Patagonia 2016

This week I published some new images from Patagonia on this very website. 

My previous visits to Patagonia yielded monochromatic, often dark toned, images. I felt at the time, this really summed up my view of this landscape. Seems I may have been too quick to judge as this year I found myself confronted with a softer, lighter view of the place.

Serrano Forest, Torres del Paine National Park, Chilean Patagonia Image © Bruce Percy 2016

Serrano Forest,
Torres del Paine National Park, Chilean Patagonia
Image © Bruce Percy 2016

I think the appreciation of what I saw and how I interpreted Torres del Paine this year was influenced heavily by my visit to Hokkaido last December.

Since that visit, I feel my images have been moving towards the higher registers of tonality. Rather than focussing on the dark tones and 'drama', I now feel I've found a few more octaves of light to play with.

Like a singer who stays in the middle range of their voice for safety, I'm curious if this is what most of us photographers do with the tonal subjects we shoot. Most of what we do resides in the safer tones. Yet, by pushing the exposures to the extreme outer edges of our comfort tones, we may find some new things to say in our work.

Ice & salt in Laguna Armaga, Torres del Paine National Park, Chilean Patagonia Image © Bruce Percy 2016

Ice & salt in Laguna Armaga,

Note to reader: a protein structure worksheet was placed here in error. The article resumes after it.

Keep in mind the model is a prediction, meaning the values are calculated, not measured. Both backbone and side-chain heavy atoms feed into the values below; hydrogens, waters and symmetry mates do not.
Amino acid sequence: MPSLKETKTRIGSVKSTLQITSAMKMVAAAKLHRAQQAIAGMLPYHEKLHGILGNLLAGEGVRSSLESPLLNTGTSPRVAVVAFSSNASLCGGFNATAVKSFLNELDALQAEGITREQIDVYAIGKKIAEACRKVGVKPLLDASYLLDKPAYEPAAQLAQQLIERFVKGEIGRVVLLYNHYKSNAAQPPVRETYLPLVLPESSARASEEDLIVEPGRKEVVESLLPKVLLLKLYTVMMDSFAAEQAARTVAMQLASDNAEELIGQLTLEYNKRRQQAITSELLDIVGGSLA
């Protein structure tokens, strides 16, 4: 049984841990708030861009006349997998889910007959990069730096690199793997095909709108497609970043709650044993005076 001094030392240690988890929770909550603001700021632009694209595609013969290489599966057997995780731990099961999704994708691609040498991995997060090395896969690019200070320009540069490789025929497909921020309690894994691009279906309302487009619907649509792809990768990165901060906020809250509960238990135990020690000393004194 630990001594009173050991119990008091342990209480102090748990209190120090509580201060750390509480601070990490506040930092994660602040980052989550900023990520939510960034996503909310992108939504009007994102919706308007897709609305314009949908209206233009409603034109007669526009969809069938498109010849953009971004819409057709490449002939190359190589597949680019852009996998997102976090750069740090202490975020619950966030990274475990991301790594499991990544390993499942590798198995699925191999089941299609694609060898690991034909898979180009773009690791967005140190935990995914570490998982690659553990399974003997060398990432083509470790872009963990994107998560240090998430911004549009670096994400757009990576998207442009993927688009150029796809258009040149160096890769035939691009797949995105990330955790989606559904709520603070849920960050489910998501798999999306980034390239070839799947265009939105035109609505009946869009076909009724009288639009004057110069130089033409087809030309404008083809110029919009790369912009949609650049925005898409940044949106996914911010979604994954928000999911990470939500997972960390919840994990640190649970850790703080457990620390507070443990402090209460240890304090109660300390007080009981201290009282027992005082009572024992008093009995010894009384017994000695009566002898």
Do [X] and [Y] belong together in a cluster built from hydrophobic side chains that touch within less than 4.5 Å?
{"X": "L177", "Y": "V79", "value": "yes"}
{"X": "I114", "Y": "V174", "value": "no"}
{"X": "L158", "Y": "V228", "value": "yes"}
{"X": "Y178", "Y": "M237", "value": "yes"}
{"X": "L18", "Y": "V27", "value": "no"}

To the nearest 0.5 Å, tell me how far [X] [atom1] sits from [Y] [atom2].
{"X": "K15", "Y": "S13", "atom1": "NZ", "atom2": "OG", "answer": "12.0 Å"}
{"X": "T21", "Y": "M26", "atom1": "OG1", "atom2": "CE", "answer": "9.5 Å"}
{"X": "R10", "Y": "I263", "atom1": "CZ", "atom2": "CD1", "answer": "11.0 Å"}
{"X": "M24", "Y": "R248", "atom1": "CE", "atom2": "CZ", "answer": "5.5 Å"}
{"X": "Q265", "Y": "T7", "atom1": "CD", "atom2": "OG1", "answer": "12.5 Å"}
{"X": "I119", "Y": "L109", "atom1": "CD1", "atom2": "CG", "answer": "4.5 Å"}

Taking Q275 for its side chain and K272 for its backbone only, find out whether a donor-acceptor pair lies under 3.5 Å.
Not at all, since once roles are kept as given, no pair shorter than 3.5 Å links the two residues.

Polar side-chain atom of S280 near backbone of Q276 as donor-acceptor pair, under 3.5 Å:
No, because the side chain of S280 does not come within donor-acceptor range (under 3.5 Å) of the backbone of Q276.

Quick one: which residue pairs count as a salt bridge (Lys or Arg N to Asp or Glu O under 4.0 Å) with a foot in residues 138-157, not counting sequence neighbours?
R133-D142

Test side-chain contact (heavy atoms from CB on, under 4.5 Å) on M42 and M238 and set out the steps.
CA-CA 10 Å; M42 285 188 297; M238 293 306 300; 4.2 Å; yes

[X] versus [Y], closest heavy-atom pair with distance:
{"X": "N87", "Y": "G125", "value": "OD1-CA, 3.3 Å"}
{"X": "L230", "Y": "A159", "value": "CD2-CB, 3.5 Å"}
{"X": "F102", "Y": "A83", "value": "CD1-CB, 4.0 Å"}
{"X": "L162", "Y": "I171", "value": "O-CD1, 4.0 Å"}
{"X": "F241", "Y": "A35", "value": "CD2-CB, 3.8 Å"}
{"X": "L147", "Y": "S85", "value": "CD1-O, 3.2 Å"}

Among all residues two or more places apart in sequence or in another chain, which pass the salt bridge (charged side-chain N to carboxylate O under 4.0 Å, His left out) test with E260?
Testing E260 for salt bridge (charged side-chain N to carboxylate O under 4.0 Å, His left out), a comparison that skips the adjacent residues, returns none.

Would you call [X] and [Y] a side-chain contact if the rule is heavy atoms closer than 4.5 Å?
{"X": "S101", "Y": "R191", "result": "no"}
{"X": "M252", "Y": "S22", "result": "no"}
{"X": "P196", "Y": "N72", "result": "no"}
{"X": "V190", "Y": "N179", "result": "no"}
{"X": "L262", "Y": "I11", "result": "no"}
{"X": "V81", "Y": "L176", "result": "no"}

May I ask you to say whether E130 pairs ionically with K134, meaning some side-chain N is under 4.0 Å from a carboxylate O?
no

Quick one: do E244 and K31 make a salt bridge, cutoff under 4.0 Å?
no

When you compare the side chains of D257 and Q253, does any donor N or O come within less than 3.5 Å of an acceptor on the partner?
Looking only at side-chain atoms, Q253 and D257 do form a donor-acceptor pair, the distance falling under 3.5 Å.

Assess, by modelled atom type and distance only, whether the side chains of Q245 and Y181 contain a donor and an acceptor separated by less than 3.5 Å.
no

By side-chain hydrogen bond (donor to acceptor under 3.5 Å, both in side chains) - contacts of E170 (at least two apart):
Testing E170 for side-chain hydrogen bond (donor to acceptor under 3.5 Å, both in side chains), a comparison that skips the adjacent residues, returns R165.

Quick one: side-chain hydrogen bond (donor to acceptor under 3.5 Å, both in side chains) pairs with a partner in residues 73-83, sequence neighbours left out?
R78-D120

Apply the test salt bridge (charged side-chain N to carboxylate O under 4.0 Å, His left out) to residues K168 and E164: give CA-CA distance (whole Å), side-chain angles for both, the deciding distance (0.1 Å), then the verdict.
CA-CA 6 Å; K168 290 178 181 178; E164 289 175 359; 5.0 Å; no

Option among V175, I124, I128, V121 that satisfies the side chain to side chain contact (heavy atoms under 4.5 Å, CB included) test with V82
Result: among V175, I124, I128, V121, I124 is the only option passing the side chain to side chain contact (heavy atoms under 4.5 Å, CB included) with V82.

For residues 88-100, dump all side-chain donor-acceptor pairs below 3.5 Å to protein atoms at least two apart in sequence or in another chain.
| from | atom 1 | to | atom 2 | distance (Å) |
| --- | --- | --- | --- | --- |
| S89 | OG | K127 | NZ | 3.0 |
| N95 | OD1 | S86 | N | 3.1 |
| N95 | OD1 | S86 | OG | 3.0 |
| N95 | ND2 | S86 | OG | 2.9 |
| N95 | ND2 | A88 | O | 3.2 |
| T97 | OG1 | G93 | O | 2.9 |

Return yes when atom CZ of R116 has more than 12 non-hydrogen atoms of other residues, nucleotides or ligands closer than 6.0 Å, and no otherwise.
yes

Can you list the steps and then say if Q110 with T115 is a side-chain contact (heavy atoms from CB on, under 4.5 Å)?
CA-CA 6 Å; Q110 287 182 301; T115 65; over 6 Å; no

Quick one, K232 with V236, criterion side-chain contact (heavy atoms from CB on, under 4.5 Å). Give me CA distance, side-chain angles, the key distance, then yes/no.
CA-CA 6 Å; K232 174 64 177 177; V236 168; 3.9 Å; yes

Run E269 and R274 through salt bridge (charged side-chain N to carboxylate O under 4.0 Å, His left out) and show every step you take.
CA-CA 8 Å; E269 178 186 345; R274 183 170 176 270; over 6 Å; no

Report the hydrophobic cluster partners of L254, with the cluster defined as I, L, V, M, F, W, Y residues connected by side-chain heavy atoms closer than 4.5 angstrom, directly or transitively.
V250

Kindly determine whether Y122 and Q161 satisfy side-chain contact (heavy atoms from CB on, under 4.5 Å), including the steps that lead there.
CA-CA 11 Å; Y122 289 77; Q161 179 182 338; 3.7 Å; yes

Torres del Paine National Park, Chilean Patagonia
Image © Bruce Percy 2016

In this new work, there is a mixture of dark images and as well as lighter ones. The skill I feel, is to marry them so they feel part of the same set. 

Tones and tonality has become something I'm very obsessed with over the past few years. I think it's easy enough to make nice images these days, but to really make your images stand out, or to go that extra mile, I feel an understanding or tones and relationships between them is vital.

Returning to the same places time and again is a tortuous thing for me to go through. Not only am I so fortunate to return to Patagonia on a yearly basis, but each year it feels as if the place sets me new challenges, new homework.  The benefits are enormous. Through this process, I get to grown as a photographer in some way.

Rio Serrano Forest, Torres del Paine National Park, Chilean Patagonia Image © Bruce Percy 2016

Rio Serrano Forest, Torres del Paine National Park, Chilean Patagonia
Image © Bruce Percy 2016

What I like most about this years work, is that I made photographs of lesser, iconic views. I've never shot Lago Pehoe before without the Cuernos mountain range in the background. The mountain range always seems to dominate my view of the place. It's therefore unusual for me to make more abstract or intimate compositions.

Lago Pehoe, Torres del Paine National Park, Chilean Patagonia Image © Bruce Percy 2016

Lago Pehoe, Torres del Paine National Park, Chilean Patagonia
Image © Bruce Percy 2016

At Lago Sarmiento we had no view of the Paine massif, and this was very freeing. I felt I could concentrate more on the shore and the rock formations there. Sometimes the Paine massive is just too magnetic. It can over dominate the scene.

Rio Serrano Forest, Torres del Paine National Park, Chilean Patagonia Image © Bruce Percy 2016

Rio Serrano Forest, Torres del Paine National Park, Chilean Patagonia
Image © Bruce Percy 2016